The Black Stars will play their first match of this World Cup against the United States on Monday (6 pm ET, ESPN, match preview), and they are a confident group headed into their Group G opener, even if critics view them as the underdogs from Africa in a field of heavyweights.
“Ghana is the more talented team,” Gyan said on Sunday of his nation’s opener against the US. “We’ve got young, talented players who are coming up. Talking about the tournament, I think we’ve got the youngest team, and most of the players are playing well in their clubs; they are in great shape.”
There is little left to be said about the two nations’ history in the World Cup dating back to 2006, when Ghana made their debut on the sport’s biggest stage in Germany. The Black Stars toppled the Americans in the final group-stage game that year before they met again in the Round of 16 in 2010 in South Africa, with Gyan scoring the game-winner in extra time to push Ghana through to an unlikely and emotional berth in the quarterfinals.
“The United States team, they are a good side,” Gyan said. “We’ve watched them a couple of times; they are a very dangerous team. … It’s going to be like they’re coming for revenge. I think, mentally, they don’t want us to beat them for the third time, which is going to make the game very, very interesting and difficult for us.”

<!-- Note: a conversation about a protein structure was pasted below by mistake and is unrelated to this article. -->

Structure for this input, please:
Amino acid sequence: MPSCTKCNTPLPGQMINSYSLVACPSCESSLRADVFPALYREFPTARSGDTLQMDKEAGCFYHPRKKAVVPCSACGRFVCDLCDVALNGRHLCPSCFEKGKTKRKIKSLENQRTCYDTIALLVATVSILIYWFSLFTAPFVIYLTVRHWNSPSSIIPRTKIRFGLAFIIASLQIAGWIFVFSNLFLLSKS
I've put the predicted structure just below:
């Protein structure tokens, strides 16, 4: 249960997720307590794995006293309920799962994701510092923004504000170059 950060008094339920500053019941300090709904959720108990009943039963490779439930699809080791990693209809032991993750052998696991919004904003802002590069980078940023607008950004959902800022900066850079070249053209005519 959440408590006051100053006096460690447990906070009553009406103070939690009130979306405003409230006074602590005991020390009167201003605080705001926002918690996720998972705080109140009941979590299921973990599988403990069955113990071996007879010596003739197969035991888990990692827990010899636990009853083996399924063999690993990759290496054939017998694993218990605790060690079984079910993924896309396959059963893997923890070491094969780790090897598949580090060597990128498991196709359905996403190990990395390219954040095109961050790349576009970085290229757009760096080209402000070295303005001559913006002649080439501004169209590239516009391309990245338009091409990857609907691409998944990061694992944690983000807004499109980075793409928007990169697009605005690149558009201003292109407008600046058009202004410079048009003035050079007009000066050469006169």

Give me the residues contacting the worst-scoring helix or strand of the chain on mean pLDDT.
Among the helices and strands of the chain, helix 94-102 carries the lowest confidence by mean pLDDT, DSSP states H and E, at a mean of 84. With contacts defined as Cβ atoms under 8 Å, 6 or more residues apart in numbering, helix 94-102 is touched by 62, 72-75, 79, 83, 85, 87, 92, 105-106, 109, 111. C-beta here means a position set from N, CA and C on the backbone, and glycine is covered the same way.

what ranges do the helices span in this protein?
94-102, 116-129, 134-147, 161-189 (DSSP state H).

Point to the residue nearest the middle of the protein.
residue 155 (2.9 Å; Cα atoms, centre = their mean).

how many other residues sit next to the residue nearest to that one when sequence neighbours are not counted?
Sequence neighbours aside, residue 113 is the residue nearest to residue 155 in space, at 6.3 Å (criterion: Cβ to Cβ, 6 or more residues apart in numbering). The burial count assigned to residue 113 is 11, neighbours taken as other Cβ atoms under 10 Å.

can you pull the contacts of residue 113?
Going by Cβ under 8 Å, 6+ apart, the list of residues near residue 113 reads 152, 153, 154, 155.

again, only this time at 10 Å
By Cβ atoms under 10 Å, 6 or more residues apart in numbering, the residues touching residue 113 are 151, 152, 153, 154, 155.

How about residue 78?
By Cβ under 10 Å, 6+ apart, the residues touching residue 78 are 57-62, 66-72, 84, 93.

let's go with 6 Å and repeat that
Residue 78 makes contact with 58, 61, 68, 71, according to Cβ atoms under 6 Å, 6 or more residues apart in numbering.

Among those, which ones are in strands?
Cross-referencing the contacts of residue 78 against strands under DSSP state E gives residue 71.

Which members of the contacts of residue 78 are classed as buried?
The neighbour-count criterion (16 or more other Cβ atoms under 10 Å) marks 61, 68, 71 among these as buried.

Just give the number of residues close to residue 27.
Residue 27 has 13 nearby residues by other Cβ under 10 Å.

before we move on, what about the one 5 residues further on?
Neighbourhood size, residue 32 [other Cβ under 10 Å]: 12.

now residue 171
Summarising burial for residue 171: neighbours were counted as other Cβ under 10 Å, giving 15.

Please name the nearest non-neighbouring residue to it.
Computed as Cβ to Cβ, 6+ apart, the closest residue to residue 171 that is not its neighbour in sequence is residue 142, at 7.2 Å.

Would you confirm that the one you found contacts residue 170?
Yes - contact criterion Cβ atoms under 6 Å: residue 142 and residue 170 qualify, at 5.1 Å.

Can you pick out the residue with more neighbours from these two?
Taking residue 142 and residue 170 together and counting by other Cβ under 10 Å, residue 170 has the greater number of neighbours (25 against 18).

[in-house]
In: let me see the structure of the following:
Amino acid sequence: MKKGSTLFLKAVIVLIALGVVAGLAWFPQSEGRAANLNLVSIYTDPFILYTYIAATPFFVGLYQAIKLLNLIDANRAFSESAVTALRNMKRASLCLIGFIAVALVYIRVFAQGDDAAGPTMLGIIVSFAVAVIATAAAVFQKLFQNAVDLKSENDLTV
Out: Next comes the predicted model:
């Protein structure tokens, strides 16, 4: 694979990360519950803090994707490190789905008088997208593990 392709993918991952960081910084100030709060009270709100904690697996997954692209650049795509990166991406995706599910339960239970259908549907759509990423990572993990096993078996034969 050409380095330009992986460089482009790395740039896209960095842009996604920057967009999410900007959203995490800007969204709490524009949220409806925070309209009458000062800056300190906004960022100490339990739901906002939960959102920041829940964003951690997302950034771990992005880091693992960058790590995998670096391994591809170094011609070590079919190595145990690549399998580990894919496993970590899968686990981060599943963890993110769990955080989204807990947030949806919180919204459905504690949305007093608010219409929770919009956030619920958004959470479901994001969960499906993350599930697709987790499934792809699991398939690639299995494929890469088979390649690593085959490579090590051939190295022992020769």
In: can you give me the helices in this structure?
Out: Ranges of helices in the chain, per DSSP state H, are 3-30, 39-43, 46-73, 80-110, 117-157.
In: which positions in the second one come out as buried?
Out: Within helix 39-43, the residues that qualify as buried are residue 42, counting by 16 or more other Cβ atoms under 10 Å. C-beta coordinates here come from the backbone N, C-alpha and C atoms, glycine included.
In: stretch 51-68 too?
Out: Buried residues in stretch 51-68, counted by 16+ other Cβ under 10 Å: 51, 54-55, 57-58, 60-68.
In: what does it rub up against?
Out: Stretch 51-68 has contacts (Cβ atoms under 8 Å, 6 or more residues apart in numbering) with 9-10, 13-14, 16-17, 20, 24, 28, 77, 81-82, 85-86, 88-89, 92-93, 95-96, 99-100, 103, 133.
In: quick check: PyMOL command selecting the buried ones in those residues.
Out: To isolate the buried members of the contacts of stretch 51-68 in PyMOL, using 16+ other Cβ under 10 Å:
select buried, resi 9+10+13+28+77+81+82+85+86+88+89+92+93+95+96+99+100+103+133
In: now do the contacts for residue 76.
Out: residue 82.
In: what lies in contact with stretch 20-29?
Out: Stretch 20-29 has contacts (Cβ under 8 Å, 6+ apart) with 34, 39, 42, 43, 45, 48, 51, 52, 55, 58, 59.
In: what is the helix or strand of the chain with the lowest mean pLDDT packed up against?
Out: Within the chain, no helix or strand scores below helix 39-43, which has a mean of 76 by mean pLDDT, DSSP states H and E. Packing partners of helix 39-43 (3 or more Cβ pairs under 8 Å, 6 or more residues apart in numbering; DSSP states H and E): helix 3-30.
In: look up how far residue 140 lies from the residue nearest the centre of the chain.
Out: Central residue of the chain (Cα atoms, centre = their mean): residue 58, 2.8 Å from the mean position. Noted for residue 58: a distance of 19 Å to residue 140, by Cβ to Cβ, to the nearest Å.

While Gyan will certainly be the USMNT’s defensive focus on Monday night, there are threats elsewhere in the form of Kevin-Prince Boateng and Abdul Majeed Waris, the French Ligue 1 forward who worked out Sunday and appears healthy again following a recent muscle injury.
But despite their intriguing attacking options, the Black Stars have taken their share of criticism leading up to Brazil for simply not being the same caliber as the teams that came before them. Only seven members of Ghana's World Cup class of 2010 are in Brazil, and only Gyan, Michael Essien and Sulley Muntari remain from Ghana’s golden generation in 2006, when they first qualified for the World Cup.
That changing of the guard has critics – and even supporters from their own country – wondering aloud if the Black Stars still have it, and Gyan hears the rumblings.
''We know that's what everybody thinks about Ghana, rating Ghana as underdogs and the other teams as favorites, which is statistically the right thing,” Gyan said. “But in football, you can't win with names anymore.”
Ghana scored more goals than any other team in the 2014 African World Cup qualifiers (25), however, and four of their nine World Cup goals have come against the US since 2006, giving the Black Stars hope once again that in a potential do-or-die situation on Monday, they will have the heart to endure.
“I’m a player who’s ready to die for this nation,” Gyan said. “The World Cup is every player’s dream, so I’m sure everybody is going to be 100 percent. We are ready for the World Cup, and we’ll just see what happens.”